From an outsider’s perspective, it seems like a gaming chair arms race has been raging for the past few years. Less time at the normal office and more time at home, in front of our own personal computers and displays, has proliferated the demand for comfortable seating options designed for gaming. Just as traditional mouse pads were once replaced with specialized alternatives for long play sessions, so too has the humble office chair.
So far, I’ve watched this scene develop from my standard, Staples-brand stenochair on the sidelines. But no longer, as I’ve now waded into the fray with the E-Win Flash XL.
The company’s automotive origins are shown in this model and its polyurethane leather body. Aesthetically, the Flash XL is what you’d probably expect from heavy-duty gaming chairs, but when you see it in person, the texture of the materials is immediately noticeable.
Its other claim to fame is its industry-leading maximum weight limit of 500lbs. I was drawn to the Flash XL first for its look, and then for its height rating; at around 6’1”, I wasn’t sure I wanted to chance E-Win’s next highest options, which cap out at that height. I’m nowhere near its weight limit, but it is nice to have absolute certainty that the chair can handle the burden if my kids come crashing onto my lap while I’m working. Larger gamers will certainly appreciate this sturdy build as well.
While the quality of the materials impressed me immediately upon opening the box, that quickly gave way to some frustration during the assembly process. I’ve built rooms worth of Ikea furniture in my lifetime without many headaches, but the instructions for this chair were considerably lacking. I’d almost have preferred Ikea’s wordless pictograms over the pictures and shoddy instructions printed for the Flash XL.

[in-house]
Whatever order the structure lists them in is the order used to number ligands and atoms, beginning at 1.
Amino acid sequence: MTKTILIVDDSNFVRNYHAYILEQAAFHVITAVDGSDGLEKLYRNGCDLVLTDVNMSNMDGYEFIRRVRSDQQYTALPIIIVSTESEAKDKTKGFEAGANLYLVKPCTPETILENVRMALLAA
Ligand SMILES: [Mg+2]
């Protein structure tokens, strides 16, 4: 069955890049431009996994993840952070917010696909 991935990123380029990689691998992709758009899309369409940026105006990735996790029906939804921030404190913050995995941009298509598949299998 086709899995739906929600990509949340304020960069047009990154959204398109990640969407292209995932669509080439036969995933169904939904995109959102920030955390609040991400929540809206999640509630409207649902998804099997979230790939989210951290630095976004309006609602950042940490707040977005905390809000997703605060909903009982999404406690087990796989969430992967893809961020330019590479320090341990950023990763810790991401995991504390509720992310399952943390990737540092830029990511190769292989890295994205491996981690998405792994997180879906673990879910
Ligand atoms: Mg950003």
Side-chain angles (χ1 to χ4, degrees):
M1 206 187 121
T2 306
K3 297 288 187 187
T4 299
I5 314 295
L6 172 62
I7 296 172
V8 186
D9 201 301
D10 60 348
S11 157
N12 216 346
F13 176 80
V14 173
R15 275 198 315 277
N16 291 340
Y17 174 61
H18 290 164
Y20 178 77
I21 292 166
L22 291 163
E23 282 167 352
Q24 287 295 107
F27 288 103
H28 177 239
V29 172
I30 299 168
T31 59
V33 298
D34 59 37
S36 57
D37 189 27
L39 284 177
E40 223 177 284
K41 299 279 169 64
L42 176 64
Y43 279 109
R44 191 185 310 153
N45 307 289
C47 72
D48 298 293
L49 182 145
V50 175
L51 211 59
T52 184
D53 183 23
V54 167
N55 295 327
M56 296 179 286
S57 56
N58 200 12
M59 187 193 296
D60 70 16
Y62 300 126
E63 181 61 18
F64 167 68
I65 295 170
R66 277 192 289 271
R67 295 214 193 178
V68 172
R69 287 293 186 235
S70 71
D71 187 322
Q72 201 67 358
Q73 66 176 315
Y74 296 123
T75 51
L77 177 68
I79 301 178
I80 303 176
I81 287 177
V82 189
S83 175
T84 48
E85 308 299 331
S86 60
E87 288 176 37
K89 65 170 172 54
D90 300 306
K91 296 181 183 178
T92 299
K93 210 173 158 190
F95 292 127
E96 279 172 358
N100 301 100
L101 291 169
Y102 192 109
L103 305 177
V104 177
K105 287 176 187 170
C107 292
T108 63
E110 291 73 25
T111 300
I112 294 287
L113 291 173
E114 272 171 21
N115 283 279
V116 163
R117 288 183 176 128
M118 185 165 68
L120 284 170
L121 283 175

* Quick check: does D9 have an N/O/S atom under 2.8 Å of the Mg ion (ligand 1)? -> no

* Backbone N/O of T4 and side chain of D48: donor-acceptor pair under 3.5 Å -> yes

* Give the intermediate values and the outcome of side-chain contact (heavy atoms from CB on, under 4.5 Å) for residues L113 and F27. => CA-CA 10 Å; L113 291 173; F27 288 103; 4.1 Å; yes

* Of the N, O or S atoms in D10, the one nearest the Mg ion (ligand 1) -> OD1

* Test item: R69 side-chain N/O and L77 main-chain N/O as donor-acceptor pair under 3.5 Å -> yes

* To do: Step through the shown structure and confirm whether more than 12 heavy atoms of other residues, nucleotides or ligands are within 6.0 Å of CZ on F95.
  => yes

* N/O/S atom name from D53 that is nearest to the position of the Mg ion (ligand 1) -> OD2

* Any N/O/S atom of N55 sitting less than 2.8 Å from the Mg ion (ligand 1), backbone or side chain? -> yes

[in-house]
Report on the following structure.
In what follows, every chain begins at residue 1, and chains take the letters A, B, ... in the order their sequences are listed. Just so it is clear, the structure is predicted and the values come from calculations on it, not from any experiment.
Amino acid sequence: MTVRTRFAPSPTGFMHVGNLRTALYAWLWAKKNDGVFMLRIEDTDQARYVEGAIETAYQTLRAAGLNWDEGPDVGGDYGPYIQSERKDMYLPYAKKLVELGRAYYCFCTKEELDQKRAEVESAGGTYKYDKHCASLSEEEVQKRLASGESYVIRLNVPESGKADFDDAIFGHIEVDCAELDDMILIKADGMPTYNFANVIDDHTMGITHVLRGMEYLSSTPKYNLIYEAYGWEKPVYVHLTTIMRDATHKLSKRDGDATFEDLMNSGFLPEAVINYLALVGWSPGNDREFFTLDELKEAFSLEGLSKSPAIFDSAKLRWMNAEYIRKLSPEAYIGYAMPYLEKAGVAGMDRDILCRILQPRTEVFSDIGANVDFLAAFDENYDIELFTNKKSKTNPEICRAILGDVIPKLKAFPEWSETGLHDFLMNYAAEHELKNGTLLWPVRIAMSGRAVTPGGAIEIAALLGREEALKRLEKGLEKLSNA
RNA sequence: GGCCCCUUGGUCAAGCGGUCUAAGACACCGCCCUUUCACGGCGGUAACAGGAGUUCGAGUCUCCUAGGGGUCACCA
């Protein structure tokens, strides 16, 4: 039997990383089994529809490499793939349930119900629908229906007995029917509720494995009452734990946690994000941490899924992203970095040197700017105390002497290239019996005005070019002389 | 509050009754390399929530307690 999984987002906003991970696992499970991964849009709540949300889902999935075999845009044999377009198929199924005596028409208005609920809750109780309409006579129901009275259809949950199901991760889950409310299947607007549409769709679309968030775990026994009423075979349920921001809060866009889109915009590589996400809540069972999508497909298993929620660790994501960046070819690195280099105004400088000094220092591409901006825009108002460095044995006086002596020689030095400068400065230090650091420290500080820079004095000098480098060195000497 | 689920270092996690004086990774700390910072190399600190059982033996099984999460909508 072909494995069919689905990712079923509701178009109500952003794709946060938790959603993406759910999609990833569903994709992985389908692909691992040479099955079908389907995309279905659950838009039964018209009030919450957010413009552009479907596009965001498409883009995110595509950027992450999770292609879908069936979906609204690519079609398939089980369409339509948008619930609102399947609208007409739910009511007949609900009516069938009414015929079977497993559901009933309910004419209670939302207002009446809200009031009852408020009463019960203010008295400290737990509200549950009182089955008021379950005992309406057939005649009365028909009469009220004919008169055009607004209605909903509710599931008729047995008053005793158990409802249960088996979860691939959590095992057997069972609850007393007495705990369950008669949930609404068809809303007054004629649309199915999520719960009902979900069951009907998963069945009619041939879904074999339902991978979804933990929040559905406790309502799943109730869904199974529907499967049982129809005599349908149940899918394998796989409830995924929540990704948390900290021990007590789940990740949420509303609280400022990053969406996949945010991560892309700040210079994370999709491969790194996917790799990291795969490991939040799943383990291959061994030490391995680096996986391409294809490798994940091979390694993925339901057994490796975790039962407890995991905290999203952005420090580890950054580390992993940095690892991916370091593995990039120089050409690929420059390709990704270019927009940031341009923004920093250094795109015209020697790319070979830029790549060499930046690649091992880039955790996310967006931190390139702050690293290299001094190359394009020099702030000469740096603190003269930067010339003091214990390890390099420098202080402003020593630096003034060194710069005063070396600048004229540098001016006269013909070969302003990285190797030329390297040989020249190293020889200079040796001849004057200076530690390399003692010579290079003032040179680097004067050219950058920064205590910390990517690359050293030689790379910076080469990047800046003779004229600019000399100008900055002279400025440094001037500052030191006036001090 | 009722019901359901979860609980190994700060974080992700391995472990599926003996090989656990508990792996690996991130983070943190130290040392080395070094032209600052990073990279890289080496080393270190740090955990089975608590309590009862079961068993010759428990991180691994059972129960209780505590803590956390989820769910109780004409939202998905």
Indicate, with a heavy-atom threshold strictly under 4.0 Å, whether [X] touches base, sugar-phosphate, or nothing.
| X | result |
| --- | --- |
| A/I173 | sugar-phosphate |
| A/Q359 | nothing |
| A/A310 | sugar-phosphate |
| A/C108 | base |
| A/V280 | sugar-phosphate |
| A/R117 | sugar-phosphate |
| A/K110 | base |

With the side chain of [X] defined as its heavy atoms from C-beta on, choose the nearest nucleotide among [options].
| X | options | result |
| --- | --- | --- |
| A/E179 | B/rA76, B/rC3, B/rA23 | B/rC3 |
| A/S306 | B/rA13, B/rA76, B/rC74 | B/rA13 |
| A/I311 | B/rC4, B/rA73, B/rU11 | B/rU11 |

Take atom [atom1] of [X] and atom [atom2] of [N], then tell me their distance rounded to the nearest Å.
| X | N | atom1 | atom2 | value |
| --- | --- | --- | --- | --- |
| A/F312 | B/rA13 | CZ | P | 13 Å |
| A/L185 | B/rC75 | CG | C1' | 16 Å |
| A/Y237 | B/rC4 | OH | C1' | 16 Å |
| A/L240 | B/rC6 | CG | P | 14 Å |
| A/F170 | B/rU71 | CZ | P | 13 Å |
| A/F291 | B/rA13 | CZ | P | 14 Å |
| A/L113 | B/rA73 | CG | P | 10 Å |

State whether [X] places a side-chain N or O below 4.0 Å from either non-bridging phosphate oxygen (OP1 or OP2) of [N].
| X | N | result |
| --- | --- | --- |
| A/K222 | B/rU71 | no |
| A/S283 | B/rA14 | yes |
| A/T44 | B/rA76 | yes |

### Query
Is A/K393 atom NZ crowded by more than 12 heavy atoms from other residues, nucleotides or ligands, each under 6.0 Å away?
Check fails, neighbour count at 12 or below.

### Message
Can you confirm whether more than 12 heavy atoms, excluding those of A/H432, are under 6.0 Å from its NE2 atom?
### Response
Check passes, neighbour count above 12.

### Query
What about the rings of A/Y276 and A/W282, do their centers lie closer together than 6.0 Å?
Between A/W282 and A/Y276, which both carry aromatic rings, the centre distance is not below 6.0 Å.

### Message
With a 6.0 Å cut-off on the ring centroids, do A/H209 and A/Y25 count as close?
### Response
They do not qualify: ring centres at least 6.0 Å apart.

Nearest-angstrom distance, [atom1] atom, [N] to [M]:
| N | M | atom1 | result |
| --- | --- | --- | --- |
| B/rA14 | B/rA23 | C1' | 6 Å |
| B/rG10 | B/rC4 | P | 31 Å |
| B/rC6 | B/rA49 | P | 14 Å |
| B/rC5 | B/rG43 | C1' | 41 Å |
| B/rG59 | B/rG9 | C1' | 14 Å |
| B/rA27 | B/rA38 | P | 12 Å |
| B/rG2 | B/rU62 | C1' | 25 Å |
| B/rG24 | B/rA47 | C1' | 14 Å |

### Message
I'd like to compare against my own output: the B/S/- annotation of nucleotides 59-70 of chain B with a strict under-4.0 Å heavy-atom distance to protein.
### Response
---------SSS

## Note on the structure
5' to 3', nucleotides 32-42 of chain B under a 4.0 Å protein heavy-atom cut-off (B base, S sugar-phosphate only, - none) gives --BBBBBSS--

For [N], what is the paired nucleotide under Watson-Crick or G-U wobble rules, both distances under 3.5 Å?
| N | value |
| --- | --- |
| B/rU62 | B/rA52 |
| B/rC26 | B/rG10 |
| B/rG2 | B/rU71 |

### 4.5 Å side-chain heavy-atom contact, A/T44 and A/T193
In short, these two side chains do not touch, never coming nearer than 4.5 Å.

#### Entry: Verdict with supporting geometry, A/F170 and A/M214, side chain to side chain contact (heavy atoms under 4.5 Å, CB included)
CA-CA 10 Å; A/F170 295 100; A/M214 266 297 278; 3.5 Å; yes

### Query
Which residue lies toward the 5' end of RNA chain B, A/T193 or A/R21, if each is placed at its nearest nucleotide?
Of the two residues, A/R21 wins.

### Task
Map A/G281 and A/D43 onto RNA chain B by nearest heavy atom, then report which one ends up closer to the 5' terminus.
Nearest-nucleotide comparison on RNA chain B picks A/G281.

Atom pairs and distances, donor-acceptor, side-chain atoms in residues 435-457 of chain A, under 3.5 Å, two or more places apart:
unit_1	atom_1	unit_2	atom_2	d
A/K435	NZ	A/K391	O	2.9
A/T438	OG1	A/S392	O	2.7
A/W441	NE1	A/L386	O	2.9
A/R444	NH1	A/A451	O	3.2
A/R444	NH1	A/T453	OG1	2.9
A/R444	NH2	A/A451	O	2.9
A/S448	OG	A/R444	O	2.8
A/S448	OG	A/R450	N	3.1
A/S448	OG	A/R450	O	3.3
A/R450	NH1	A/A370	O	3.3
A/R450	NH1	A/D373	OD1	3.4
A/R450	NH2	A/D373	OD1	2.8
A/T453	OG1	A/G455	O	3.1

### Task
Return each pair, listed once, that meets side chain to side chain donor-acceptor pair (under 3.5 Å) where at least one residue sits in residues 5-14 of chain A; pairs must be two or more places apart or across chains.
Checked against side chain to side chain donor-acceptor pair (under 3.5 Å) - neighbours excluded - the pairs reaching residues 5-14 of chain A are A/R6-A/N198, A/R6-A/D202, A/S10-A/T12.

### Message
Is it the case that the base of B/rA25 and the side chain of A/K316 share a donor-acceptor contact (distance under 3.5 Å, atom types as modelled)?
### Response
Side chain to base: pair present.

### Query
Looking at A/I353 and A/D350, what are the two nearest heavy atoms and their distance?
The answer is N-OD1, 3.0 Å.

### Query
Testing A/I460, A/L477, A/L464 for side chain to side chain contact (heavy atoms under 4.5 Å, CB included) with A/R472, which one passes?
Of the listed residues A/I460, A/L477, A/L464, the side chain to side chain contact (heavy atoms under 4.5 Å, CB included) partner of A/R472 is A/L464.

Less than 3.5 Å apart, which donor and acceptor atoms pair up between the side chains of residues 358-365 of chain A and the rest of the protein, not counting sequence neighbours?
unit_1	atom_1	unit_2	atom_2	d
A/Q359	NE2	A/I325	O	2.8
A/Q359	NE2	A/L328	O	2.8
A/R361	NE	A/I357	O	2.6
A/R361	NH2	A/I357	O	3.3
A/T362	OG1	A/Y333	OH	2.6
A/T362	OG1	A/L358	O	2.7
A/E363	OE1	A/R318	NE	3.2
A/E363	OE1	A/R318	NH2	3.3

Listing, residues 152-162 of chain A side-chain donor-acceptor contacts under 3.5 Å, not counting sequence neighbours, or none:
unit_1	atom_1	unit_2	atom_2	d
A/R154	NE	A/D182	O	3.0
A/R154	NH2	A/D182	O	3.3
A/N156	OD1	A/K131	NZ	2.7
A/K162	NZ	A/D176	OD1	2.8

“The company’s automotive origins are shown in this model and its polyurethane leather body.”
Ultimately, I ended up consulting a few other video tutorials and using my best judgment to finish assembling the chair. The biggest problem was aligning the backrest to the seat; even with help holding the backrest up while I tightened screws, keeping everything lined up was difficult. Installing the hydraulic kit into the base didn’t feel quite “right” either, and I was skeptical to test the seat out at first.
Once put together, however, the Flash XL immediately proved its worth. As mentioned, I’ve used a generic brand chair for the last decade or more. Nothing against the chair, but over time I slipped into some bad habits like crossing a leg or leaning too far forward. Just by virtue of having the lumbar pillow though, I’m already back to sitting straight (most of the time), and less like a goblin hunched over his keys.
As an added bonus, my cat is no longer hogging my chair when I go to start working, so I don’t have the emotional burden of evicting him from his sleeping place. I haven’t yet had the opportunity to test the leather’s stain resistance to pet hair or drink spillage, without deliberately dumping coffee on it, but I stand pretty confident that it would hold up well, given the quality of the material.
A full suite of levers and buttons help you customize the way you sit. If you feel so inclined, you can recline the Flash XL to an impressive 155° and maybe even catch a little shuteye. It’s not something I see myself using, but it did feel considerably comfortable. Most impressive and useful, I found, was the positioning of the armrests. Each can move in sideways with the press of a button, and can be angled in, out, or neutral. I found this more useful for when I’m playing games on the TV beside my monitor, but it still made a difference when typing and gaming on my main display.
After two weeks of testing, I think I’ve finally tweaked the Flash XL where I want it to be, but the neck pillow remains somewhat useless for me. At times, it even seems to be a hindrance, subtly pushing my shoulders out where they would normally rest in a more natural pose. But otherwise, I’m finding my posture is much improved after an afternoon of research or an evening of streaming.
That being said, most of the levers are more stubborn than I’d like from a chair at this price point. At $700 CAD, I shouldn’t have had this much difficulty getting the controls to engage—just to adjust the seat’s height, the most basic setting—nor should it have been such a pain to build.